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MPs agree to roll over oil rig tax exemption


MPs agree to roll over oil rig tax exemption

First published in Energy and Environment on June 20, 2019.

MPs have agreed to extend the non-resident oil rig exemption of the Income Tax Act which was set to expire at the end of this year.

The move is part of the Taxation (Annual Rates for 2019–20, GST Offshore Supplier Registration, and Remedial Matters) Bill which reached its third reading in Parliament this week.

The exemption was introduced in 2004 to address an issue with seismic vessels and rigs used in petroleum exploration leaving NZ waters before the 183 day limit was reached so they would not be subject to NZ tax. This meant that in some cases a rig would leave before 183 days and a different rig was mobilised to complete the exploration programme. This “churning” of rigs within the 183 day increased the cost for companies engaged in exploration and delayed exploration drilling.

It also meant that there was no revenue collected from seismic vessels and rigs. Because of the limited supply of offshore drilling rigs, it could also result in exploration activity not taking place when it otherwise would.

The exemption granted non-resident drilling rig and seismic vessel owners from tax obligations for income from exploration and development activities in offshore permit areas.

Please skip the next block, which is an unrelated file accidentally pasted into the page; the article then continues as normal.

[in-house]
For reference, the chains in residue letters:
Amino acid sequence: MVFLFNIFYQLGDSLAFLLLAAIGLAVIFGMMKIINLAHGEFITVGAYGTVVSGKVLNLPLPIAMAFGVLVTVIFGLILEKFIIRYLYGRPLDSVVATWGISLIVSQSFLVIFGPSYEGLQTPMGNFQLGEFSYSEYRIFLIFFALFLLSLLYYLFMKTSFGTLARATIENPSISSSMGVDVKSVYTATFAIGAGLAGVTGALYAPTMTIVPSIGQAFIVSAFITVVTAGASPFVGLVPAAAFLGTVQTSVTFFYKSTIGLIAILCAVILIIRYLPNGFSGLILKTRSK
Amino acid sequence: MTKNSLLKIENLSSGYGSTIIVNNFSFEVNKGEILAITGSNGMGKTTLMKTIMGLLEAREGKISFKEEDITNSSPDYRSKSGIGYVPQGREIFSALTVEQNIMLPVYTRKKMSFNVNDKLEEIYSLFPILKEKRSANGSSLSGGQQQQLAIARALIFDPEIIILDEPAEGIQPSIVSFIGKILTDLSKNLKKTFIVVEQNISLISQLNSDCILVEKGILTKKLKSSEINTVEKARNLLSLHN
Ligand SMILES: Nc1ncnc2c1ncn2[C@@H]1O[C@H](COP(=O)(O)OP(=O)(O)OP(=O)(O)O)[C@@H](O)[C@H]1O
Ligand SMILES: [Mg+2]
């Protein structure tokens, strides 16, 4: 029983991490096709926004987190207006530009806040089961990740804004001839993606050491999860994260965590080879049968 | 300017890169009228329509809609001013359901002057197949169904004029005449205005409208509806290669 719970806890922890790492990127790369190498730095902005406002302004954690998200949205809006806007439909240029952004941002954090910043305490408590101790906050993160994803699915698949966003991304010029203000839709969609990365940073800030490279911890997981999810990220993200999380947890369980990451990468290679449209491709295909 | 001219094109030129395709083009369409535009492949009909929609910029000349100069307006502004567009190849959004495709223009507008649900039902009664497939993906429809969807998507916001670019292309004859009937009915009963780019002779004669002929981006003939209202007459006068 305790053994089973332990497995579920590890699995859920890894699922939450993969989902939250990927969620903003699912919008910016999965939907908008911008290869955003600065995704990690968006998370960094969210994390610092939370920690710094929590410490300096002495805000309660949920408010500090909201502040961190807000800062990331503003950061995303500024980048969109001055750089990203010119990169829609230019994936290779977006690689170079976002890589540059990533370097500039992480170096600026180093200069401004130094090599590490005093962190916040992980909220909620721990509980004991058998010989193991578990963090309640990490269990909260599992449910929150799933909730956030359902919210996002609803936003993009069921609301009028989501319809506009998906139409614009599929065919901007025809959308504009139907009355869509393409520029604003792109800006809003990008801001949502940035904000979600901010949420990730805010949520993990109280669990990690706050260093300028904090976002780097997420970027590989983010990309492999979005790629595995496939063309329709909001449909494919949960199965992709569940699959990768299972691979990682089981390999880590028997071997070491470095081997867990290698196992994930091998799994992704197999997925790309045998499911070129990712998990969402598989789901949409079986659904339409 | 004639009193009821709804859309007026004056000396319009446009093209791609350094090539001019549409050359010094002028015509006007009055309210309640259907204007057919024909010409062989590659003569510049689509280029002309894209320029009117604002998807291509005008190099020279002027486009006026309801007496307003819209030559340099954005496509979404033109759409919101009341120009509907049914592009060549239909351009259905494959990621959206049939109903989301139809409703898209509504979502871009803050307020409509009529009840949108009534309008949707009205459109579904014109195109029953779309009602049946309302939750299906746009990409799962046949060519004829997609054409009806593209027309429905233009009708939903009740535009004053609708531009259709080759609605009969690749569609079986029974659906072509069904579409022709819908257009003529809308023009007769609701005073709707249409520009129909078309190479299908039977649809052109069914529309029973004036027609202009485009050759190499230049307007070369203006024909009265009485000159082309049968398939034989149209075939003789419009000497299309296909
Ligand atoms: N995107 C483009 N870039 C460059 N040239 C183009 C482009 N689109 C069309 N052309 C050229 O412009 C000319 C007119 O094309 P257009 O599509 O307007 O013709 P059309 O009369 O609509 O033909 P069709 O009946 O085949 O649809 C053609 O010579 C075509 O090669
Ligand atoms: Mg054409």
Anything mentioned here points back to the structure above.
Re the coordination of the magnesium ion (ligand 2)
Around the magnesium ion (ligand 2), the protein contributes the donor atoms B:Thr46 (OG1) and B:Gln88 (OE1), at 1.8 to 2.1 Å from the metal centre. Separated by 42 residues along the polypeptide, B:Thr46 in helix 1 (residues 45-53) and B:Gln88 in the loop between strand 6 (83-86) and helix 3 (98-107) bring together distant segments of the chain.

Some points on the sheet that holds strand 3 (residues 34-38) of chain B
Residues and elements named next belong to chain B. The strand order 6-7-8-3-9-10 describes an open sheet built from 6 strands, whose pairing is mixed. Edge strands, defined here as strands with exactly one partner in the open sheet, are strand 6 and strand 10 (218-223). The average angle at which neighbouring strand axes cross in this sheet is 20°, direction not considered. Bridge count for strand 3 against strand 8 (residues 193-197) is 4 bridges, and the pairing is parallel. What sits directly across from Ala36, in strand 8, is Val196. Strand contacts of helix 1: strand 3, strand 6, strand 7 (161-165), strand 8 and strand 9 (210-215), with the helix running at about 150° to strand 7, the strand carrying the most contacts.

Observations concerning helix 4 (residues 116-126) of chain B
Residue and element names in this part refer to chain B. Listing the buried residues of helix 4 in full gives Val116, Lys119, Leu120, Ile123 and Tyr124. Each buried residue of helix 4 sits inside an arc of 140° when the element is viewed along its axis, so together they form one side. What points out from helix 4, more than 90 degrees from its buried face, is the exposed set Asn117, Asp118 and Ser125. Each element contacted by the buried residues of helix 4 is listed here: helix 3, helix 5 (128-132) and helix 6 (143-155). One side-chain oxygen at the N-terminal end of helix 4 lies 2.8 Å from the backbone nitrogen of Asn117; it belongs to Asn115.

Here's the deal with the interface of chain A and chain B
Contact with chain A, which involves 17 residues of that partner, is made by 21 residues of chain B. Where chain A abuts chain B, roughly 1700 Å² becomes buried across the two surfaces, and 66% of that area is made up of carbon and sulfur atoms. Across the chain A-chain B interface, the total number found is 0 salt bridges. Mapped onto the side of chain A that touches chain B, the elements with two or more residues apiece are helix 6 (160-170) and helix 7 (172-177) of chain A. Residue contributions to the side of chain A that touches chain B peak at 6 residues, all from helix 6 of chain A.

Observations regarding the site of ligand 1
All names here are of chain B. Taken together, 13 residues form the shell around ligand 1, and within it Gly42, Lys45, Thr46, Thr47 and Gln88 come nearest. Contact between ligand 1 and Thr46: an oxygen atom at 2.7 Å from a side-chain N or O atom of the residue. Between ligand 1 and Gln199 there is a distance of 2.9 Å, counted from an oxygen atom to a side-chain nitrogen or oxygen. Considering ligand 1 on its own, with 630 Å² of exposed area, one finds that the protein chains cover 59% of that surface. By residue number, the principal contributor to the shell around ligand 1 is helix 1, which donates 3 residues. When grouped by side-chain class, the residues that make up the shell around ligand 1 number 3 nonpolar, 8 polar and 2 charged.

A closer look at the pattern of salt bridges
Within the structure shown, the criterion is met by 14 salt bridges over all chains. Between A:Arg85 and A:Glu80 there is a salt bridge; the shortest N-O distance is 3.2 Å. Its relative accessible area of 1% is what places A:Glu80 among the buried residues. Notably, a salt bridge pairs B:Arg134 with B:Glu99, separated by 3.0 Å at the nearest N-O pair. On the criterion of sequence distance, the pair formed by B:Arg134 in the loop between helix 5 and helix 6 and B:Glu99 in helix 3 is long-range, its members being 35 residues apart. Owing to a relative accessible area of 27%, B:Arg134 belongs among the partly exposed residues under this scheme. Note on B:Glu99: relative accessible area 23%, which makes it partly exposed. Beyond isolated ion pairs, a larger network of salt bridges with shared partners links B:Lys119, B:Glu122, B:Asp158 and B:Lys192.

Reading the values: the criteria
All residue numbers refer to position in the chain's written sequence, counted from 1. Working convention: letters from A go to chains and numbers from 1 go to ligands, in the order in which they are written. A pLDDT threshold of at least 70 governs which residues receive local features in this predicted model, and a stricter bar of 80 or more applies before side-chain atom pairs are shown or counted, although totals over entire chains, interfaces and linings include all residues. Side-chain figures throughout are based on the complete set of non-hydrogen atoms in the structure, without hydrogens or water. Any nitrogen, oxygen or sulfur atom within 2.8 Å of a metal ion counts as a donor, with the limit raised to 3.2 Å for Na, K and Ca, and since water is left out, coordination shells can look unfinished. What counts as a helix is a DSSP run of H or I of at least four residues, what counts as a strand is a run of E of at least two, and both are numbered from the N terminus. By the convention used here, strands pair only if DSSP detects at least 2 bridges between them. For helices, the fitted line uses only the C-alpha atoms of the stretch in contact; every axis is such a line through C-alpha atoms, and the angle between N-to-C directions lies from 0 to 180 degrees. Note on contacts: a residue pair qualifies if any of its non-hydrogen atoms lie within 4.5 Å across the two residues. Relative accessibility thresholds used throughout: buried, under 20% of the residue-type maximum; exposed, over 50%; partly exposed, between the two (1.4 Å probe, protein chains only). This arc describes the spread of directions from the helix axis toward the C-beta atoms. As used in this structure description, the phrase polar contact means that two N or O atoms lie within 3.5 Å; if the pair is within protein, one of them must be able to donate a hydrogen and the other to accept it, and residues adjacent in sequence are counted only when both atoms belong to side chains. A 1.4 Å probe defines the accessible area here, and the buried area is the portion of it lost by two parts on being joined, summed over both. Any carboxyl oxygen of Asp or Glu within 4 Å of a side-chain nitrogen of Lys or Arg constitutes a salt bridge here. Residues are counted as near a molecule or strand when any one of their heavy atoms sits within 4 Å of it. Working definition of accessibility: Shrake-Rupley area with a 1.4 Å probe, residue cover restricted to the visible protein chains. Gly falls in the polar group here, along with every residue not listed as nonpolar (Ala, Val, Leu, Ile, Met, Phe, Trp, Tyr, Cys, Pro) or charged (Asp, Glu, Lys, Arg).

The exemption has always been time limited and was due to expire again this December.

MPs said, “Going forward, we still see a continuing need to prevent unnecessary costs and emissions arising from “rig churn”. We therefore recommend that section CW 57 be extended for a further 5 years through the insertion of new clause 45B.”



The exemption will not please those opposed to new oil and gas exploration as it reduces impediments to those who currently hold exploration rights.

The last time the exemption was extended energy officials said after the exemption, between 2009 and 2012, there were three non-resident offshore rigs operating in NZ, with an average length of stay of around eight months. By contrast, between 2000 and 2005 (before the exemption was introduced), no rigs stayed in NZ waters beyond six months.

In the period analysed then there were 17 offshore wells drilled between 1 January 2009 and 30 June 2012. Only one well, the Manaia extended reach well drilled from the Maari platform, resulted in new reserves being brought to market. The Manaia well was drilled from the Ensco 107 jack-up which had been in New Zealand waters for well over six months when drilling at Manaia commenced (drilling commenced on 1 August 2009, but the Ensco 107 had been in NZ waters since October 2007). The well produced 2.3 million barrels of crude oil between 2009 and 2012, generating an estimated royalty take f $4.9 million and corporate tax of $5.5 million over the period.

“It is unlikely that this Crown revenue would have been generated as soon as it was without the existing tax exemption. In the absence of the exemption, it is likely that this revenue would have been generated at a later time, because of the impact of rig churning delaying exploration and production activity.”First published in

Energy and Environment on June 20, 2019.

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